Immigration and Exclusion

Immigrants were often constrained in their attempts to establish community in the United States by a set of limited options and opportunities. The adversity faced by immigrants has been a source of both inspiration and dissappointment.

The ledger page to the left provides the name of an individual whose life serves as an example of such challenges. It is the payroll for the Conrad Mansion in 1901, and the first person listed is a cook named Mokutaro Hori. Hori went on to own a ranch, restaurant, and hotel in Whitefish, Montana. According to Charles E. Murphy's biography of Charles Conrad, Hori could not earn enough money as a servant to purchase land and attain the success he ultimately acheived. After a visit to Japan, Hori devised a plan to staff the Conrad Mansion for a fee, thus freeing him from his commitment and allowing him to pursue other opportunities. Over time, Hori became an important member of the Whitefish community. Hori was an exception amongst a Montana Japanese American community that declined rapidly during the first half of the 20th century.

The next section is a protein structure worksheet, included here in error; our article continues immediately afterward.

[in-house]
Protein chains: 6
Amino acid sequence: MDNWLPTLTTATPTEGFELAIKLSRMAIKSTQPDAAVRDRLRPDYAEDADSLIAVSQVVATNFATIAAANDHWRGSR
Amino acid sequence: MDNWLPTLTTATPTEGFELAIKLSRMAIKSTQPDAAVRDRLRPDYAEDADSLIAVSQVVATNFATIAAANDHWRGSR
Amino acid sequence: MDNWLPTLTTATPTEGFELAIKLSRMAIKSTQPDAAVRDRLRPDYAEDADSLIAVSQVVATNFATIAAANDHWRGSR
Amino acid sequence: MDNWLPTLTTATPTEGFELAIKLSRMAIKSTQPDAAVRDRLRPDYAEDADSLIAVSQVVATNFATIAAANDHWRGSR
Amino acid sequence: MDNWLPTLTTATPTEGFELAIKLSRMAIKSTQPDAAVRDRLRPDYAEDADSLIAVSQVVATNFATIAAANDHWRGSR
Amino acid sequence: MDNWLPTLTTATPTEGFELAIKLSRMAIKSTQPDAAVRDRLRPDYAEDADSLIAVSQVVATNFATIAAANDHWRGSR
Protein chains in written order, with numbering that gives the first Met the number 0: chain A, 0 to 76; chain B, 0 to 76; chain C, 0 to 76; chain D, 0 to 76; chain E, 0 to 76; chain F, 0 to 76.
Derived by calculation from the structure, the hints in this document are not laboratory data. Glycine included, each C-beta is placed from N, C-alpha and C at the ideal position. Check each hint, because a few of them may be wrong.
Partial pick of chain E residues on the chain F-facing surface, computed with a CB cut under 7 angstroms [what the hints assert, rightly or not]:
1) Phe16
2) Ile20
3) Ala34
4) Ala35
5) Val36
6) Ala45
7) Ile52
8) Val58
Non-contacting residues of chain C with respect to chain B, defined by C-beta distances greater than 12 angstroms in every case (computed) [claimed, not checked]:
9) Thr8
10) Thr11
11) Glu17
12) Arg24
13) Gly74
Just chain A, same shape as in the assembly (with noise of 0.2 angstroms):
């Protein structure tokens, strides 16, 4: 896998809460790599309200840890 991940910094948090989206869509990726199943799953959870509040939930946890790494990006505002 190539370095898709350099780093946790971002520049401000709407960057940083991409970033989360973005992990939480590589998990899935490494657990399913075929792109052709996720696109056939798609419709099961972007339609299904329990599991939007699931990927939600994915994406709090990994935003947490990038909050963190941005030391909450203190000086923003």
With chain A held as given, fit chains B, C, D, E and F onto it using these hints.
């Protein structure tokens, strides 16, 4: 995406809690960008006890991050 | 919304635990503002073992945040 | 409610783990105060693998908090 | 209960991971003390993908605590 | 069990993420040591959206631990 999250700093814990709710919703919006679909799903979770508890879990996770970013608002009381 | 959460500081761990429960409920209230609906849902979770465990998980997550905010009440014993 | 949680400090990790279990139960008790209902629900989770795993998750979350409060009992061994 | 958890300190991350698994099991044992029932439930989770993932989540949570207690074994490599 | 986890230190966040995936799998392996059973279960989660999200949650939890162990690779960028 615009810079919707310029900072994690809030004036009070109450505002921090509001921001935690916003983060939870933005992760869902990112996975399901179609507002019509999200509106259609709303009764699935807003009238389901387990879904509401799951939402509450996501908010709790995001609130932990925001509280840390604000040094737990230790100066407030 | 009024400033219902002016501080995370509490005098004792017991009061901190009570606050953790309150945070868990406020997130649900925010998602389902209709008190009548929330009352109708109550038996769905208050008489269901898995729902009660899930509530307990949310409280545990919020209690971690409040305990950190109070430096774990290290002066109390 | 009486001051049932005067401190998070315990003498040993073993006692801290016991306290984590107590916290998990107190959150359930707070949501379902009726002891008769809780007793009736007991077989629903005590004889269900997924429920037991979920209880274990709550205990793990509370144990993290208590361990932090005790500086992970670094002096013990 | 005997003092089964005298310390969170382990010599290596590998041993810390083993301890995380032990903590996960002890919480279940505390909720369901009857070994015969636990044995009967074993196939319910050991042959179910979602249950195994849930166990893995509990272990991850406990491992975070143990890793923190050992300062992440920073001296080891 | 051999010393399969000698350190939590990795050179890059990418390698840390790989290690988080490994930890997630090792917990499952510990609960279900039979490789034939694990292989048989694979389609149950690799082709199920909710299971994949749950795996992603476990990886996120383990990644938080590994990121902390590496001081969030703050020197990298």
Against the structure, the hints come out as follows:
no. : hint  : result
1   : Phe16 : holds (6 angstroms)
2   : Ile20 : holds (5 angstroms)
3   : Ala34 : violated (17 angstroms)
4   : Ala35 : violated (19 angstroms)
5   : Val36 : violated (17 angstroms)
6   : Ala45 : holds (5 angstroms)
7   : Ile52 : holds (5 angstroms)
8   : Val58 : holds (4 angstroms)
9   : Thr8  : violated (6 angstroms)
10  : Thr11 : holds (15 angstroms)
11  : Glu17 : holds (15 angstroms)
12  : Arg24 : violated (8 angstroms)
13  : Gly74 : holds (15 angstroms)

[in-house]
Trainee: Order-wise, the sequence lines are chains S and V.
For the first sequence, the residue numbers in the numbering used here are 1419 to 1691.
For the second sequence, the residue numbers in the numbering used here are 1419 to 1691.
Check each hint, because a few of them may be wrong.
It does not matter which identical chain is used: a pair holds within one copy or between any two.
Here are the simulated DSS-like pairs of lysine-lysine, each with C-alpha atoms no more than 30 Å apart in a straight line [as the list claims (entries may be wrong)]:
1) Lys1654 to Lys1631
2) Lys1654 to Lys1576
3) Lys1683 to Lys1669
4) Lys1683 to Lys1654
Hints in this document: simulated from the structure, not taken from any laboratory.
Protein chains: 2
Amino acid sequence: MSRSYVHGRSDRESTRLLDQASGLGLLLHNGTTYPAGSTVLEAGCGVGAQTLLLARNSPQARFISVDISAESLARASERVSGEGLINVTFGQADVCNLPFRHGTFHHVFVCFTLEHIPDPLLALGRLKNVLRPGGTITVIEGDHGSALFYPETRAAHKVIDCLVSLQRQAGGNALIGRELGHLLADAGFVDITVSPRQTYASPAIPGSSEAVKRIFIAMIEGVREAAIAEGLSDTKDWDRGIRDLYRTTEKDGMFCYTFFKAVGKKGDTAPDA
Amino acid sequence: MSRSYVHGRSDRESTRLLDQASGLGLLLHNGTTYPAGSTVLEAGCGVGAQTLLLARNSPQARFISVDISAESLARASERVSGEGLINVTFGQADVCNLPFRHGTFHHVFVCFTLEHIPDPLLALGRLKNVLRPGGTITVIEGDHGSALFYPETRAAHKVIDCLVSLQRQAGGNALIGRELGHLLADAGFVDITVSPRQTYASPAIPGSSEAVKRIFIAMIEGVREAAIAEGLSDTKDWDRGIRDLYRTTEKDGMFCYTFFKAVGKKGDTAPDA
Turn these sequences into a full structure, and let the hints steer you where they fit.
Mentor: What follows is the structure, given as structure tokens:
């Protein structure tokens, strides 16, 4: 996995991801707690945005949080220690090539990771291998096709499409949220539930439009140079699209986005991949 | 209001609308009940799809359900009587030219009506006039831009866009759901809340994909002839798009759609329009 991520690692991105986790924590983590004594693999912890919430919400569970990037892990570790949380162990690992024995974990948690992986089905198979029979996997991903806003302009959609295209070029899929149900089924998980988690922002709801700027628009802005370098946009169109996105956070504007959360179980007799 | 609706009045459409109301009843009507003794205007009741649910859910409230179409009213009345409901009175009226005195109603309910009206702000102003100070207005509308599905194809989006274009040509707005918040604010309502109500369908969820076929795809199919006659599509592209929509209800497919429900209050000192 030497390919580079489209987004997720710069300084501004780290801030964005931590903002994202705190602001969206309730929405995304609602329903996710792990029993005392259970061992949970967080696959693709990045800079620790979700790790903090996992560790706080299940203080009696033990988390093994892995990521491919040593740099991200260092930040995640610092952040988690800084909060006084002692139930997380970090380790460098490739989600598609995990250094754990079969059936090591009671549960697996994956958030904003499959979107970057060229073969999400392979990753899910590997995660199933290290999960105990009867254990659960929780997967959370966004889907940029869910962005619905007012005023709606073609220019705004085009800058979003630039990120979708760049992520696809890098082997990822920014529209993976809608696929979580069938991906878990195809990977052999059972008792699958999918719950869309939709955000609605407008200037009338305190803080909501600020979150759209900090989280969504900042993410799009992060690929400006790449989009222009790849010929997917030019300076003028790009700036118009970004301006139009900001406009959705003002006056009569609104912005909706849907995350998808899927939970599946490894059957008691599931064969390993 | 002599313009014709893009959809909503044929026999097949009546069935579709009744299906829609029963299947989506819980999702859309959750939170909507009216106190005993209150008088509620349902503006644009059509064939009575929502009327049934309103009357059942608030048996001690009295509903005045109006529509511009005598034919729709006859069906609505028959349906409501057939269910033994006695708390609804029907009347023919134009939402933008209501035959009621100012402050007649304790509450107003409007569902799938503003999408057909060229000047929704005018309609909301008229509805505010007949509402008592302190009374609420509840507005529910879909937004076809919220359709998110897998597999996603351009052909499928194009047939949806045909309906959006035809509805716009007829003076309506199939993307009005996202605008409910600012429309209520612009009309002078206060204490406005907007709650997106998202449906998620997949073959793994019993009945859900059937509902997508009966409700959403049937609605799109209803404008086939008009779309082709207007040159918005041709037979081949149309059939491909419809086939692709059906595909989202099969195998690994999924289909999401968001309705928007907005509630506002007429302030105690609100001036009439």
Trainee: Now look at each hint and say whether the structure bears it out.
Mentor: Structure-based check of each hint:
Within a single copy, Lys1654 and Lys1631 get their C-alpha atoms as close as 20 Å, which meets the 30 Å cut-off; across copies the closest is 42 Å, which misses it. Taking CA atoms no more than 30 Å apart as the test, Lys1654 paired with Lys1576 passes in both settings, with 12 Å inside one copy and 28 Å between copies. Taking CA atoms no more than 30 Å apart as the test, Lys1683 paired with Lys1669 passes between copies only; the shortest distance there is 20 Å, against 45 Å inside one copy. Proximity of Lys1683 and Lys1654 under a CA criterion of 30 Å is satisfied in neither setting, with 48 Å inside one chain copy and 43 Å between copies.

The remaining documents in this section highlight different experiences related to the establishment of immigrants and immigrant communities in Montana.